The Pope’s Security Strategy: Trust People

Pope Francis leaves Quinta Boa Vista Park after hearing the confessions at World Youth Day (CNS photo/Ricardo Moraes, Reuters)
Pope Francis leaves Quinta Boa Vista Park after hearing the confessions at World Youth Day (CNS photo/Ricardo Moraes, Reuters)
Security at World Youth Day has always been an issue. When millions of people gather for a public event, in general, security can be a challenge. Add to this the fact that the pope will be on the scene and the concerns about safety grow drastically.

But Pope Francis doesn’t seem to be very concerned about security at all. On the streets of Rio de Janeiro, he appeared to relish in the fact that his car made a wrong turn and people mobbed the vehicle to try to touch him or just get a glimpse of him.

After a week of what could be a draining non-stop schedule of events, Pope Francis, in his late 70s, was fed by the energy of the young people who surrounded him:

This trip has been very good; spiritually, it has done me good … meeting people always does good, as in doing so we receive many good things from others. With less security, I was able to stay with the people, to embrace them, greet them, without armored cars … it is the security of trusting in people … yes, there’s always the danger of encountering a madman, but then there is always the Lord who protects us, isn’t there? It is also madness to separate a bishop from his people, and I prefer this kind of madness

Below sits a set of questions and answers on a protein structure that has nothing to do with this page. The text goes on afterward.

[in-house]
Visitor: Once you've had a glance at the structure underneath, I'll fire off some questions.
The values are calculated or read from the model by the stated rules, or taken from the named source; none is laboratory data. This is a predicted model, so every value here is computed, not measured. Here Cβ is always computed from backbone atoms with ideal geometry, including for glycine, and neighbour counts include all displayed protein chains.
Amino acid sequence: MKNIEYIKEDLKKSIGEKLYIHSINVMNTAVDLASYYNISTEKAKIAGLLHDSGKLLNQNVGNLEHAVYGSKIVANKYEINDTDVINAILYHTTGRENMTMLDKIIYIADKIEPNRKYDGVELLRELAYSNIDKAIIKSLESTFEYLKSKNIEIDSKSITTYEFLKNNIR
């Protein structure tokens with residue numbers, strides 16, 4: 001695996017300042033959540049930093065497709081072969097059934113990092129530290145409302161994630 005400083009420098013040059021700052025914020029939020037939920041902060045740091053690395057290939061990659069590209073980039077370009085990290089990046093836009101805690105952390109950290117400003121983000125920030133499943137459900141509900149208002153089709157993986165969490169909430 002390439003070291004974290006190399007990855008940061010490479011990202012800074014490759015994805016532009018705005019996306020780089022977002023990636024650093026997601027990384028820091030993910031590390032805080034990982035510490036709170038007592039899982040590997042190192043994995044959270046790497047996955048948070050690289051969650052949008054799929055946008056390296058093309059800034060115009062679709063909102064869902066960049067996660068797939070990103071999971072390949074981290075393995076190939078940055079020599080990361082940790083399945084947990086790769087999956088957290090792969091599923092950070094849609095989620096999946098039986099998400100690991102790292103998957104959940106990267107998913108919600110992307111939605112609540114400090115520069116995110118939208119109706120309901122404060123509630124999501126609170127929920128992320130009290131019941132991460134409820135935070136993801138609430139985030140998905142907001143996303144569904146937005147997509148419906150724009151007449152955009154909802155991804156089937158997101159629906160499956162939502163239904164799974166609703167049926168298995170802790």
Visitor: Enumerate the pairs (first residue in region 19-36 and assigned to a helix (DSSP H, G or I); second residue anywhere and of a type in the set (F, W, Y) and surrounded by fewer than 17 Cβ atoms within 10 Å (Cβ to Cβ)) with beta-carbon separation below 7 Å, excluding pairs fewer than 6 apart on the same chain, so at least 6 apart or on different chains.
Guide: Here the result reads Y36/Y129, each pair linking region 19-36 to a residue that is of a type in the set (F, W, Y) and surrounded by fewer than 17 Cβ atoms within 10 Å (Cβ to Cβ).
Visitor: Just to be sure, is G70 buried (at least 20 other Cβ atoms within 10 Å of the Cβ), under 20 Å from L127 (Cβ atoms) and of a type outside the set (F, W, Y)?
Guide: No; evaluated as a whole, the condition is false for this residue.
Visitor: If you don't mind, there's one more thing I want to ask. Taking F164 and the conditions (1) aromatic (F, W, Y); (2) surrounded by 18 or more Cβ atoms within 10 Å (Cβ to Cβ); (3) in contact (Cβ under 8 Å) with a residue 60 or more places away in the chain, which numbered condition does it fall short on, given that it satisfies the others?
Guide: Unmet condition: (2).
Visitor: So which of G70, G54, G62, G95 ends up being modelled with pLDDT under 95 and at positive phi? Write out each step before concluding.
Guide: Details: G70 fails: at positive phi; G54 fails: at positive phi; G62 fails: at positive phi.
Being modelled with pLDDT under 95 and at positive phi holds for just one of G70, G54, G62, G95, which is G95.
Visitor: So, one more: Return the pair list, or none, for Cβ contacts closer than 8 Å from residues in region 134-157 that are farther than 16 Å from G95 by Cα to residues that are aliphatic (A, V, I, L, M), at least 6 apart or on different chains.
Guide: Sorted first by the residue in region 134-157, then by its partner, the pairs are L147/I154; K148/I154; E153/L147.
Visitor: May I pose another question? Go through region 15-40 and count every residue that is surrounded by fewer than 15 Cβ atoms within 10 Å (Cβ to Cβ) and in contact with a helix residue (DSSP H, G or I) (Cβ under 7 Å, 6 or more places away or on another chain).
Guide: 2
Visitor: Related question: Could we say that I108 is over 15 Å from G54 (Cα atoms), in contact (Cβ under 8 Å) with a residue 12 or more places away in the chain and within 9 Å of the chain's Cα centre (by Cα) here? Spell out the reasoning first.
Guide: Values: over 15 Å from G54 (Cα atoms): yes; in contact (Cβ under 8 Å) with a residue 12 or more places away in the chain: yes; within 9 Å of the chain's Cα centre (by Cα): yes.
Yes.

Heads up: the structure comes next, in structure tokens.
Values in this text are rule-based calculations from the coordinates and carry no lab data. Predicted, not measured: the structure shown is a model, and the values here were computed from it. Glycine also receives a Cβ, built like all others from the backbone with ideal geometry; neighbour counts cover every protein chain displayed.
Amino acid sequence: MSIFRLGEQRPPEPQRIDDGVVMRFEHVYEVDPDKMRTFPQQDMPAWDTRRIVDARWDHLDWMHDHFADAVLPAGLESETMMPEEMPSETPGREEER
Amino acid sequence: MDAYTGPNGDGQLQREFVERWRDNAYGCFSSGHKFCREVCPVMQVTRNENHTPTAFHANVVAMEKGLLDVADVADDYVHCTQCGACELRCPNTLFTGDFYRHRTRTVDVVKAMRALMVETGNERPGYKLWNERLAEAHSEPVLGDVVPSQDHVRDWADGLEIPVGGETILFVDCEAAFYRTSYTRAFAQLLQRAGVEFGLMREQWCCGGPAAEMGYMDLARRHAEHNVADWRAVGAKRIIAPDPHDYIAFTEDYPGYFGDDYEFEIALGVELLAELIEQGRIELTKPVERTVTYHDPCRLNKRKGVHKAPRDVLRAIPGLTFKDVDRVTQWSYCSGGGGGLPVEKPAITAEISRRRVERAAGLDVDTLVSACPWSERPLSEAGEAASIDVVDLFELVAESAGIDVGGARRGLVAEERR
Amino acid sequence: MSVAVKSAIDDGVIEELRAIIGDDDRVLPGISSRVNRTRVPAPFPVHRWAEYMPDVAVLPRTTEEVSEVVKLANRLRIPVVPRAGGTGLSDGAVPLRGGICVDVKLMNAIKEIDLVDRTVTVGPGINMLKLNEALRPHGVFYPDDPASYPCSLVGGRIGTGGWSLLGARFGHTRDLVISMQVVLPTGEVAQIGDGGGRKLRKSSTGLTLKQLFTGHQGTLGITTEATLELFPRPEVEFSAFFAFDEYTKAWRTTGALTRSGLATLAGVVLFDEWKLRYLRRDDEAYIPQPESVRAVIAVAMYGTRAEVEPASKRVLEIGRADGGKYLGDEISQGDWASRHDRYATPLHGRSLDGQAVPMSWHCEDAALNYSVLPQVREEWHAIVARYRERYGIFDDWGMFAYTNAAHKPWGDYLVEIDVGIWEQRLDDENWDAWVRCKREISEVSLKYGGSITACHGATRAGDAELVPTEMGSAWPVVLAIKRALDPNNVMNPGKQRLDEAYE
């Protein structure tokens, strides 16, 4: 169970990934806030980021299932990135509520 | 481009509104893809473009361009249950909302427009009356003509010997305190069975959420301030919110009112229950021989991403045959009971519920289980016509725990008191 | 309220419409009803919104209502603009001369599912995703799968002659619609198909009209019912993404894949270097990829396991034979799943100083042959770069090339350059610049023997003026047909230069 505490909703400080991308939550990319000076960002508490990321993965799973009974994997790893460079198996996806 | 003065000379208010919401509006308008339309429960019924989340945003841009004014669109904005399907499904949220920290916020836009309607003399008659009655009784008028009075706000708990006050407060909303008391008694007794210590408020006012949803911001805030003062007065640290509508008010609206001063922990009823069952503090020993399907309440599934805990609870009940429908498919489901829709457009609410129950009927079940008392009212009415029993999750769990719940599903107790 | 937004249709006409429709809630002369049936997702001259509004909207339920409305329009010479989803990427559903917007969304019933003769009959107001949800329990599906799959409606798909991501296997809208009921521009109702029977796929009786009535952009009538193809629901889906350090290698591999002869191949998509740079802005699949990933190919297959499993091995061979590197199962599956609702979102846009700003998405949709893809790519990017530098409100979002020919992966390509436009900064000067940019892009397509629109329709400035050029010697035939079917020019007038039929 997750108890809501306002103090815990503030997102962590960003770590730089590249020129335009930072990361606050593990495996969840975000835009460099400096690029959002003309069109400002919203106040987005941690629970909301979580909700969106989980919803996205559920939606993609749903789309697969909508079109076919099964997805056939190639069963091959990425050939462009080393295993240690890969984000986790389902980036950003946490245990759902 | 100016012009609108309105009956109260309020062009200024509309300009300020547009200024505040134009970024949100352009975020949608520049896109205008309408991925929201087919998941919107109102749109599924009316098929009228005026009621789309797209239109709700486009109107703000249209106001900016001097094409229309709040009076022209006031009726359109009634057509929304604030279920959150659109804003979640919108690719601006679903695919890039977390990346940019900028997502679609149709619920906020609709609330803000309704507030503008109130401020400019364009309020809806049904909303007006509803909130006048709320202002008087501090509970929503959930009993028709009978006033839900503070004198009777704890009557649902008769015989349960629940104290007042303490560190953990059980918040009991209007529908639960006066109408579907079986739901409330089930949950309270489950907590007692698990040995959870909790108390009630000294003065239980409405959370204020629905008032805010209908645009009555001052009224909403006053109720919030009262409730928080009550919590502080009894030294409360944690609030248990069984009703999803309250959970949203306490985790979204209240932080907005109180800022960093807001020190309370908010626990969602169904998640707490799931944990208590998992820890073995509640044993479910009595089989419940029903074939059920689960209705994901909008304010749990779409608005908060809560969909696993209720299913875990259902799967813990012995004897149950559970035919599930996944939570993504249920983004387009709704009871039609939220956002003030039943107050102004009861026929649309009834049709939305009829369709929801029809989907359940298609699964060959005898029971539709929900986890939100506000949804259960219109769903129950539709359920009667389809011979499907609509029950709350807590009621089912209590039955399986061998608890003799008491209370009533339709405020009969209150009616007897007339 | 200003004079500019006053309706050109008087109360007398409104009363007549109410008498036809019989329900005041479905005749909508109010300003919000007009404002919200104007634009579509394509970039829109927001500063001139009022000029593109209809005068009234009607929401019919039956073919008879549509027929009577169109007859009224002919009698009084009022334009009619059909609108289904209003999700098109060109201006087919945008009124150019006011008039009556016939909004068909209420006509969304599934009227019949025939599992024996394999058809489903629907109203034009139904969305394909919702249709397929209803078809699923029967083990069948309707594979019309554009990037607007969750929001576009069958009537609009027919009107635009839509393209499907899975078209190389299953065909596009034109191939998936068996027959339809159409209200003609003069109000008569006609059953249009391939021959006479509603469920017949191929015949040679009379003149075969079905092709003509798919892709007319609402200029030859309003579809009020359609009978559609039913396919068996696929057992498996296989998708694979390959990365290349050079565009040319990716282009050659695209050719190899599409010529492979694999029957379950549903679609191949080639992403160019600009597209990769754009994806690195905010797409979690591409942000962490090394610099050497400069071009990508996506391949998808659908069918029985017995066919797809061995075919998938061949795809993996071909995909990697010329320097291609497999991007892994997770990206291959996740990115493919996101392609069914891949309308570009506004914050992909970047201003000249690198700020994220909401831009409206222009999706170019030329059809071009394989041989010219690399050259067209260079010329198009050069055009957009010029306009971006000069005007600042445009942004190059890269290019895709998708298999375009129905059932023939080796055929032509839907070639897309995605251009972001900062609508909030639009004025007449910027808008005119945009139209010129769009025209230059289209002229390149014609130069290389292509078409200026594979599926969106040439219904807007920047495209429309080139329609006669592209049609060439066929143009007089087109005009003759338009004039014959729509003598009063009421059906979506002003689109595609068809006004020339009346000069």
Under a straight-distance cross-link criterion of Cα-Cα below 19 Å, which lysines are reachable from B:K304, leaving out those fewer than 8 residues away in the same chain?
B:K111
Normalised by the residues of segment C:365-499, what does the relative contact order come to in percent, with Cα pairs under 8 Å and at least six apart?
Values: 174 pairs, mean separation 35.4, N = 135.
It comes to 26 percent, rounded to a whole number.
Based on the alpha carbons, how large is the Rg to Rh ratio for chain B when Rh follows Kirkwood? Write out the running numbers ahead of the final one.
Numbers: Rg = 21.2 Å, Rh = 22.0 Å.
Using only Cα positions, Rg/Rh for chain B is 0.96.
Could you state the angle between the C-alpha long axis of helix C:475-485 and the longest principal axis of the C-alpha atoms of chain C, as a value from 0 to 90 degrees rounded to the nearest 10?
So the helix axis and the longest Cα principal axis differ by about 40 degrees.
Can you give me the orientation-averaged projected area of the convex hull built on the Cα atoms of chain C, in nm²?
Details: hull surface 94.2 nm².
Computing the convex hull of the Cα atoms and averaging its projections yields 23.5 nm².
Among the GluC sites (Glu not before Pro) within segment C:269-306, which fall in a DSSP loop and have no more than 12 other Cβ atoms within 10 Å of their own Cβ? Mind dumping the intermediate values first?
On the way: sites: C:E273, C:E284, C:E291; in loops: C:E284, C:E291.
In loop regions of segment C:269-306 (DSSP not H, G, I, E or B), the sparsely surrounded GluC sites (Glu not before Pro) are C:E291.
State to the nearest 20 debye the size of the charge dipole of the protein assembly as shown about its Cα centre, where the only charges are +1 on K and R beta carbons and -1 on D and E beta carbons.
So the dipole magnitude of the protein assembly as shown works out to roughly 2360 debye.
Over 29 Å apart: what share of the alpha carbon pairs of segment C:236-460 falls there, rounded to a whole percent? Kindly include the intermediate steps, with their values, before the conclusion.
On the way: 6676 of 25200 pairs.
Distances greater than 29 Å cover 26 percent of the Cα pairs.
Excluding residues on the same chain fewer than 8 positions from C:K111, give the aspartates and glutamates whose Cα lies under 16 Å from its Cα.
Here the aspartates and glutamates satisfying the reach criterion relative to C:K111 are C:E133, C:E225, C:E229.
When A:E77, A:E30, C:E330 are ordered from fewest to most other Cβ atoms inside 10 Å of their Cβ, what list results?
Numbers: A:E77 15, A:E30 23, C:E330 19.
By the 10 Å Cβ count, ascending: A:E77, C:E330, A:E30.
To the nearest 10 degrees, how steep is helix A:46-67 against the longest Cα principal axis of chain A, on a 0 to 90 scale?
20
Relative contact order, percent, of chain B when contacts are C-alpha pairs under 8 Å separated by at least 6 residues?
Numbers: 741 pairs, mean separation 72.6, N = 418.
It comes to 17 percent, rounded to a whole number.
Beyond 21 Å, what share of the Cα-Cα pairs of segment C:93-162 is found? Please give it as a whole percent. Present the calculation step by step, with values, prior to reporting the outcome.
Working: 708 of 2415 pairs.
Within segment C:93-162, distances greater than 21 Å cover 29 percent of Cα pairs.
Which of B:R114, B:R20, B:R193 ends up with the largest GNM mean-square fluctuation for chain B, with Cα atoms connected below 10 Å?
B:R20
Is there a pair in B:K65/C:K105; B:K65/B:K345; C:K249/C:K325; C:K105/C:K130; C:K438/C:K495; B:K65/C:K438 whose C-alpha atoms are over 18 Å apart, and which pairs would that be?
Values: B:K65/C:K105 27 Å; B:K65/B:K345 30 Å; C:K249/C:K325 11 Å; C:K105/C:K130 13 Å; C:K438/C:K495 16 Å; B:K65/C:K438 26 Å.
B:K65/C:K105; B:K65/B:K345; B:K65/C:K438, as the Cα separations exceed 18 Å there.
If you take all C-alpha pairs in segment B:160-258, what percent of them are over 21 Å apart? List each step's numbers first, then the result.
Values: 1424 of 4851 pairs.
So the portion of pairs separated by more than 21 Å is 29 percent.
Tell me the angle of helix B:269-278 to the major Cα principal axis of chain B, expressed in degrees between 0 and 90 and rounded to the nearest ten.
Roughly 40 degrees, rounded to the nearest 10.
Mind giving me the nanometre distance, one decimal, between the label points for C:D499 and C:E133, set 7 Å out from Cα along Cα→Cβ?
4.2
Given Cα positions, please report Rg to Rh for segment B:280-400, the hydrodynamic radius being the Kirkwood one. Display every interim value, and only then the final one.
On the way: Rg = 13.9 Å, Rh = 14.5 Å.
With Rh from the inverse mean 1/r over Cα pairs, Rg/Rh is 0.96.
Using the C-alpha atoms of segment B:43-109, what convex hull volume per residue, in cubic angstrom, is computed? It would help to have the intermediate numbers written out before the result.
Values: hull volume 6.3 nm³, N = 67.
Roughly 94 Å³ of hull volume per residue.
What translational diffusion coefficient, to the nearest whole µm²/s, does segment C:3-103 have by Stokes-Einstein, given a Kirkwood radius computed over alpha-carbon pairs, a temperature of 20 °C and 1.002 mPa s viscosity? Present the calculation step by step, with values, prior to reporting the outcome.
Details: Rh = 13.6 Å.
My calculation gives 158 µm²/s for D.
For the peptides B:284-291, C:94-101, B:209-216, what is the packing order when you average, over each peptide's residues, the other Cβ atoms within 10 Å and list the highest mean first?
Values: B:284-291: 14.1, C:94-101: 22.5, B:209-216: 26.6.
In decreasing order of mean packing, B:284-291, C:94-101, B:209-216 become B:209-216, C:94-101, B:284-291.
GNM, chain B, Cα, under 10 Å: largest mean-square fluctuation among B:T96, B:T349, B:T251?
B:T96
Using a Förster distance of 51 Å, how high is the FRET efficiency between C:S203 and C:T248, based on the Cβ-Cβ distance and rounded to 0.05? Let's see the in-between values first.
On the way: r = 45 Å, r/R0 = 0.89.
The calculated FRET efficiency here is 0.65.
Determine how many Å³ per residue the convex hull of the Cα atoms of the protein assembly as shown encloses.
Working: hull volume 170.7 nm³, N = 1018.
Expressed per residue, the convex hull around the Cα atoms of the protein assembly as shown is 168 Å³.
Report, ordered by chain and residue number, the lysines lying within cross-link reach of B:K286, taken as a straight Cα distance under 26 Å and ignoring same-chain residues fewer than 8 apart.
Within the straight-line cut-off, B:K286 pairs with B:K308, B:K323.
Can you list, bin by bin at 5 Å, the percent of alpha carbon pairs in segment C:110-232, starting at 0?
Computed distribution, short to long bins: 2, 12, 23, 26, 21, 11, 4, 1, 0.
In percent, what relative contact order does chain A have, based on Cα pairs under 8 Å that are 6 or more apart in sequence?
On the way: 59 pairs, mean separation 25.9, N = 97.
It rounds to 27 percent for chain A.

In today’s world, we often live in fear. And Pope Francis wants us to understand that we need not fear one another. I’ve been writing a series of posts on my personal blog about the George Zimmerman verdict and death of Trayvon Martin, which include reflection on my own fear of growing up in a dangerous neighborhood. I was taught to fear the other in that neighborhood and there is good and bad in that fear. After all, there are madmen and people who do wish to do others harm in the world. However, the pope also sees madness in this fear. Fear separates us and keeps us in armored cars and behind locked doors. Fear stops dialogue and hinders work for peace in the world. Fear keeps rival gangs shooting at one another instead of coming together to solve the problems of poverty and crime in their neighborhoods and working for peace and justice.

Pope Francis has seen that fear and knows the results of it. All those years of visiting people who lived in the slums of Argentina have changed him. The experiences have given the pope a heart for the poor that does not allow the walls of fear to separate him from the people who need him. Those that have no voice need to see that the pope will be their voice. They need to see that the pope will be present to them.

Check this out:

Enough said. Way to go, Papa Francisco. Enjoy the quiet for a few days. You earned it.